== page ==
This edition of Extra Life focuses on the amazing precursor to Elite Beat Agents.
Extra Life is a weekly column focused on giving games a first, second, or third chance. Each article, someone will look at a game they missed, remember fondly from their childhood, or just thought was passed over. It could be a game that received universal appraisal, or one that seemingly nobody played.
Released in 2005, perhaps the most apt description of Ouendan is spiritual precursor to Elite Beat Agents (also made by iNiS). For the unfamiliar, the games are rhythm-based titles for DS in which players watch a comic-book story scene play out while tapping and dragging on numbered circles with the stylus. The circles must be tapped in sequence to the music in rhythm as well as in order (hence the numbers). If that sounds confusing, well, here's a video of it in action.
A short story plays out every time a song is played. The Ouendan are essentially a cheerleading squad who wear black gakuran school uniforms and use their cheering abilities to boost morale and improve the situation of any given. Usually humorous in nature, these small scenarios include situations like helping someone create original pottery, and a student trying to study for school despite distractions. If the player does well (accomplished through hitting circles at the perfect time), the story progresses in the favor of the character, all the way through finishing the song and achieving victory. If the player misses beats or doesn't hit them with accuracy, the stranger is shown progressively failing at the situation, up until the point the song itself is failed.
The biggest draw of the series is certainly its music. As opposed to the western-only Elite Beat Agents—which boasts a soundtrack of classic pop songs like “ABC” by The Jackson 5 and “September” by Earth, Wind, and Fire—Ouendan, released only in Japan, focuses on Japanese pop, featuring songs like my personal favorite in the game, Linda Linda by The Blue Hearts. Perhaps unfortunately, every song in the series is within the game via cover artists, though almost all sound like new, neat twists on the originals, rather than Guitar Hero-like abominations.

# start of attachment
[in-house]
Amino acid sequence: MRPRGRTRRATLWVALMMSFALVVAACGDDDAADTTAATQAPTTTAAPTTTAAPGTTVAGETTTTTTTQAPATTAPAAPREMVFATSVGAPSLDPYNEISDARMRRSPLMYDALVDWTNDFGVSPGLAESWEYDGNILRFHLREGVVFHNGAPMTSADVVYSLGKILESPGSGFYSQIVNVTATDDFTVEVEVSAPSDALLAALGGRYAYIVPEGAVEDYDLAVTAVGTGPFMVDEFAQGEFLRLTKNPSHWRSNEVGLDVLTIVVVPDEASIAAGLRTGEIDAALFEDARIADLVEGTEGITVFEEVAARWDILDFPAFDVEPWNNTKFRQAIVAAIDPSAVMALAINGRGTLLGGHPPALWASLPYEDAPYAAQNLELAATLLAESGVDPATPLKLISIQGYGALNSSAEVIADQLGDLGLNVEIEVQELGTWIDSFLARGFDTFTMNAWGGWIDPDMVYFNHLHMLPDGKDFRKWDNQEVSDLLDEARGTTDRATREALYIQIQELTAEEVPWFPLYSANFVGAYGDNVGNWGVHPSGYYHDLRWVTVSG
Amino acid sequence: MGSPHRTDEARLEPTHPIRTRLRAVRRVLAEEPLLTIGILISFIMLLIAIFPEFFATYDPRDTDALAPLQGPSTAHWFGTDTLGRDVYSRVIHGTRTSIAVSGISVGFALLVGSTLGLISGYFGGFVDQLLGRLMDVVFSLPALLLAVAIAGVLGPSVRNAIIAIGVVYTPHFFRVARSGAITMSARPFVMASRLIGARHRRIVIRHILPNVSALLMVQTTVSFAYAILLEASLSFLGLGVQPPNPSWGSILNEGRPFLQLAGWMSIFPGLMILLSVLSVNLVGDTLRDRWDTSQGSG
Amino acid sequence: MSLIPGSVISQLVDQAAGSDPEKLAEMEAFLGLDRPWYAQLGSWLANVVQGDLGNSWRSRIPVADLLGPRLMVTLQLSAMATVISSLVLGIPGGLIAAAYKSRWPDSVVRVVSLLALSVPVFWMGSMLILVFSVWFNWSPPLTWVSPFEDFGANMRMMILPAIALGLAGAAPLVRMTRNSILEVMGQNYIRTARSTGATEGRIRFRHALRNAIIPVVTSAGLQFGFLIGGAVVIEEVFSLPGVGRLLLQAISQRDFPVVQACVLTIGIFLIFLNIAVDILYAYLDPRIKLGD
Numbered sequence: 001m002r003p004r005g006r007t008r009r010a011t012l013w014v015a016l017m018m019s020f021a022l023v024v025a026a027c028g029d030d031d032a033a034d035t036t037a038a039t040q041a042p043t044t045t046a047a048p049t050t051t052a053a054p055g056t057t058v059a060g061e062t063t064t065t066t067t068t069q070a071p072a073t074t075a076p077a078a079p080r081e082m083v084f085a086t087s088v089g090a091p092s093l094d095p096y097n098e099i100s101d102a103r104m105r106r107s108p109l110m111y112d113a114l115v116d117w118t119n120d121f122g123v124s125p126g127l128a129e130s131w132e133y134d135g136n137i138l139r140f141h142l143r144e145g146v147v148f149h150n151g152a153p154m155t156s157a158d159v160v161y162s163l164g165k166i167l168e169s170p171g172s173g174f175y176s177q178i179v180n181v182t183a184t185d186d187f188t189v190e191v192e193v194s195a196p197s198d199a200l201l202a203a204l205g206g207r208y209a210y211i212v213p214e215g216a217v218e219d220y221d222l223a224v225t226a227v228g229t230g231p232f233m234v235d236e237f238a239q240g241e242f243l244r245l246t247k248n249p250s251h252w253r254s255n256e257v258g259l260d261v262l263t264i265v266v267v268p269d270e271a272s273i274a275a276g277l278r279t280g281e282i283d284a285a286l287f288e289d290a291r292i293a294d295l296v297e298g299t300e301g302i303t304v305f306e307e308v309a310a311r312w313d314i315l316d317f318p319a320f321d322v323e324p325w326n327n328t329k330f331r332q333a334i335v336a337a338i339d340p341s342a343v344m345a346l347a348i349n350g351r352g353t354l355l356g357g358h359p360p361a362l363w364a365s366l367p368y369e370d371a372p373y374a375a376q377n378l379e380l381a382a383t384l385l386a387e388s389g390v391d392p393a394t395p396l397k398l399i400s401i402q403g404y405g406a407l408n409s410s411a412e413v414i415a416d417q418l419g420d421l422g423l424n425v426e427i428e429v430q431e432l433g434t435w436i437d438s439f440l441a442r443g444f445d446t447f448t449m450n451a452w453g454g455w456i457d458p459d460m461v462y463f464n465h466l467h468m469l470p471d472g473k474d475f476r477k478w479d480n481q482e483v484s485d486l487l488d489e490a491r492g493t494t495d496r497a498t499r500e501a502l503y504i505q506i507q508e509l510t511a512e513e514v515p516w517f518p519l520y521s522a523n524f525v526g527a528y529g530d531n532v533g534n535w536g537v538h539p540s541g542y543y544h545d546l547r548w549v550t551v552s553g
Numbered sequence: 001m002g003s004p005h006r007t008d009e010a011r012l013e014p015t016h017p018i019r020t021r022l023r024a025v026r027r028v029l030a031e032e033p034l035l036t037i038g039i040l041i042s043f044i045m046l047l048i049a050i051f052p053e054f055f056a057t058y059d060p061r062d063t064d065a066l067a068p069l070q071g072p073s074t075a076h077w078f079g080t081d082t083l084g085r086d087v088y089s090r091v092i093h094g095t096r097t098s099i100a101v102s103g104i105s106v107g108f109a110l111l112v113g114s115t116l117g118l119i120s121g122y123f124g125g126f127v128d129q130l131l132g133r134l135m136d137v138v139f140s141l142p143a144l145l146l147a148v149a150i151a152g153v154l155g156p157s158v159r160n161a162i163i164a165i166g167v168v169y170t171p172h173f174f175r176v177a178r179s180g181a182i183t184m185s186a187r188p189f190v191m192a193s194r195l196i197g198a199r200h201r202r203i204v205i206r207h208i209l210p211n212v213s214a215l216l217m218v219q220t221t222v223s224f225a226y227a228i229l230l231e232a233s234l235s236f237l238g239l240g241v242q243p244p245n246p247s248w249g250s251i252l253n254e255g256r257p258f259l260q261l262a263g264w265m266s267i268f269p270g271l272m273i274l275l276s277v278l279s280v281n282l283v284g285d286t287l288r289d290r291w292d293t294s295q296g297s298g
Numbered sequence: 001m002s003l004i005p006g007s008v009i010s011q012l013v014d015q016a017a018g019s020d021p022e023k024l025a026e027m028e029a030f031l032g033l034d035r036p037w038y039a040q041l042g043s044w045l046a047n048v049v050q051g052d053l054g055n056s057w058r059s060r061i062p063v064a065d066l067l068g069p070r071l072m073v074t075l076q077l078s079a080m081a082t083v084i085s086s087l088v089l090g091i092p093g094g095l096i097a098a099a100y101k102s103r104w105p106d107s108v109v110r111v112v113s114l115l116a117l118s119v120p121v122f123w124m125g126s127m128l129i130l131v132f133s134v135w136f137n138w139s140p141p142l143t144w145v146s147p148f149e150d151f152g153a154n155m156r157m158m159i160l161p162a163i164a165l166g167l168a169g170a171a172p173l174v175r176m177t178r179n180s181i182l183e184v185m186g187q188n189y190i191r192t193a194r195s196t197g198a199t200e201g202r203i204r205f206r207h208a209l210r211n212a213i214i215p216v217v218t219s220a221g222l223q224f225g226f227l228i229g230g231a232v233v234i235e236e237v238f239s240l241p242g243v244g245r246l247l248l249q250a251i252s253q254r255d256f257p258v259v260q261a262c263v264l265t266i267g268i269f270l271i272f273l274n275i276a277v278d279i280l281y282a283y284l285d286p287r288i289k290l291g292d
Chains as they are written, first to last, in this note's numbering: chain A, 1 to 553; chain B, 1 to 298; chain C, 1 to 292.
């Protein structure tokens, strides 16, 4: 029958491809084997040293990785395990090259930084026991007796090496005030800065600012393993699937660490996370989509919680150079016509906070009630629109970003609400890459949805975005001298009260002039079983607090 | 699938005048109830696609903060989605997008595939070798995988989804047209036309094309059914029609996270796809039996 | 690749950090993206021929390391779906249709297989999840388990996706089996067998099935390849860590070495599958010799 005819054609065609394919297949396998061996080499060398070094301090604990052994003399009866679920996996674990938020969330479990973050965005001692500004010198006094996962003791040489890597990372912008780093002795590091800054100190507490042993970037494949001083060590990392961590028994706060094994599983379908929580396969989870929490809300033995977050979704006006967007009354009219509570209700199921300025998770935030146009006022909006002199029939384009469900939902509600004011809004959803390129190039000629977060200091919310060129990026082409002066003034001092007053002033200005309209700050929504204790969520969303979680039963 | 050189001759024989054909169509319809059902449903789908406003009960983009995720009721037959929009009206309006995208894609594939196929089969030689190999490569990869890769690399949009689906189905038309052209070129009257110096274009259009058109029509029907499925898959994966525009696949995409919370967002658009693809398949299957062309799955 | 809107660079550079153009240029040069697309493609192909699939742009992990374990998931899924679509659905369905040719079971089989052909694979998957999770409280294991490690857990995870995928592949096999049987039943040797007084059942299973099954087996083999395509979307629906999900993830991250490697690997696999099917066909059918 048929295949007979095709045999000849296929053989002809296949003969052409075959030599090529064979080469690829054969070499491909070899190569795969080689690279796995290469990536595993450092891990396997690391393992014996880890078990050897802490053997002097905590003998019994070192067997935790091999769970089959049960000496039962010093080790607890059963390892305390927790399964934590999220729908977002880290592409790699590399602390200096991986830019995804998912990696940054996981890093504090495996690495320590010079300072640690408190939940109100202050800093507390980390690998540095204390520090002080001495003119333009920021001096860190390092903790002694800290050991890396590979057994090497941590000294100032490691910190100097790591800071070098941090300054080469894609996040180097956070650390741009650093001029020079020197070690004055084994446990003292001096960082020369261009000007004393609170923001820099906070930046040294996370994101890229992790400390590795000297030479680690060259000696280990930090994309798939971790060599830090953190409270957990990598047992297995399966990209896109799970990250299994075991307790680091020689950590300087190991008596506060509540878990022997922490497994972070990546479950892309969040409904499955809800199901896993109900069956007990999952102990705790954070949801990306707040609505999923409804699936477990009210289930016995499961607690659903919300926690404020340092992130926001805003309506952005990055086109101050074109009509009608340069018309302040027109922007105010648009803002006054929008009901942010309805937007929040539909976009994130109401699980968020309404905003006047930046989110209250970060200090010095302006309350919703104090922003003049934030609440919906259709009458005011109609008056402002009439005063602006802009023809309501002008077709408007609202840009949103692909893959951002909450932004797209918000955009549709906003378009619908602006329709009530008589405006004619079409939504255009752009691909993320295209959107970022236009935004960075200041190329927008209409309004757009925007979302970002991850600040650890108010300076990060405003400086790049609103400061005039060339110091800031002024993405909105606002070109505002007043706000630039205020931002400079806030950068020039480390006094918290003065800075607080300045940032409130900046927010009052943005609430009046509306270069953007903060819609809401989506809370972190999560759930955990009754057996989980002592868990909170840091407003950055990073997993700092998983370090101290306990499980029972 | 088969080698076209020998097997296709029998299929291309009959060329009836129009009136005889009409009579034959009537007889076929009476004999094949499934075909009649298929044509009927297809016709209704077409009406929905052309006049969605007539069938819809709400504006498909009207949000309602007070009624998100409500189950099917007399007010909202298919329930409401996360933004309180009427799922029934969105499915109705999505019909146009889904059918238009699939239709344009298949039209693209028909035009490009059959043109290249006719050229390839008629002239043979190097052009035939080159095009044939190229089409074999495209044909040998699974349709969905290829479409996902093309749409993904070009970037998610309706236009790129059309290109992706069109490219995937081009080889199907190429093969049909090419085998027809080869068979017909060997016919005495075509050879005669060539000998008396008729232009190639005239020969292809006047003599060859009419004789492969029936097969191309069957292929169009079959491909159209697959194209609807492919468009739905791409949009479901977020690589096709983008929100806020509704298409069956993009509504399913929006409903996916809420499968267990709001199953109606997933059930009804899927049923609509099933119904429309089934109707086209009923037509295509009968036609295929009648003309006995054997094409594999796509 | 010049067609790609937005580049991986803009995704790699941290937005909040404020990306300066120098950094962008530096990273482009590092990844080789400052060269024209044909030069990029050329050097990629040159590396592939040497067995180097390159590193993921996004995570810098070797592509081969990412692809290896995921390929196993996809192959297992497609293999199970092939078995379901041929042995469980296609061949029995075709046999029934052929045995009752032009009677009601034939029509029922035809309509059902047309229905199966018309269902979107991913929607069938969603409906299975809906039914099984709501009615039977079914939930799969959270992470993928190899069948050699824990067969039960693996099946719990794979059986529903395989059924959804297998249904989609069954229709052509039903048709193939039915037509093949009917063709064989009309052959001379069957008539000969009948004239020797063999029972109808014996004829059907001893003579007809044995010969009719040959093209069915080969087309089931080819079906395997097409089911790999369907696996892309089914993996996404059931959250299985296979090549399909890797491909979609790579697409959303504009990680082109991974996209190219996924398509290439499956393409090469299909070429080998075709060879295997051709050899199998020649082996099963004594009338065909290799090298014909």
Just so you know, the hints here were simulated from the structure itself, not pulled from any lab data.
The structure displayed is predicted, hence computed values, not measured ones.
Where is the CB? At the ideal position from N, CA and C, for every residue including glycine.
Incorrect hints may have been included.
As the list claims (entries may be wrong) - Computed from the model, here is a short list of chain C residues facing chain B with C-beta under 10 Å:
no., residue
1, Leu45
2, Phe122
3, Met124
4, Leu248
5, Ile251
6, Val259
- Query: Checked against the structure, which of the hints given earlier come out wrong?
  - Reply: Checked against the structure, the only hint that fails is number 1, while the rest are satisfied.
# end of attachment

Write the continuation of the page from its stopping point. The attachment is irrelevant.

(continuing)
My opinion: Although Elite Beat Agents has a soundtrack with more catchy songs than can be counted on two hands, Ouendan (and its sequel, Moero! Nekketsu Rhythm Damashii: Osu! Tatakae! Ouendan 2) slightly edges it out. Despite having a few stinkers, the over-the-top style of the Japanese pop just seems to fit the game a bit better than the usually toned back nature of American pop. With that said, though, EBA’s version of “Jumpin' Jack Flash” is, without a doubt, the best song in the entire series. Still, Ouendan offers a slightly better overall experience in this regard.
The difficulty in Ouendan, however, is not superior. While EBA provided a more gradual difficulty curve as the game progressed, Ouendan offers difficulty that practically doubles on Normal mode after the first two sets of songs. Even on the easier setting, the pacing in difficulty is not good. For some, this can be overlooked quite easily, but it is worth mentioning nonetheless.
Although the game was only released in Japan, those of you who import (or find it in other ways) should have no trouble falling into the motions, as playing the game isn't reliant on knowing Japanese. With that said, if you are interested in playing Ouendan and only know English, I heavily recommend you play Elite Beat Agents to at least get the tutorial stuff out of the way (although, that game is excellent, so you should play it anyway).
Ouendan, if you get the opportunity, is a game you really need to play. It offers the same gameplay as Elite Beat Agents with a slightly superior soundtrack, and, despite minor flaws, still stands among the best in the DS library.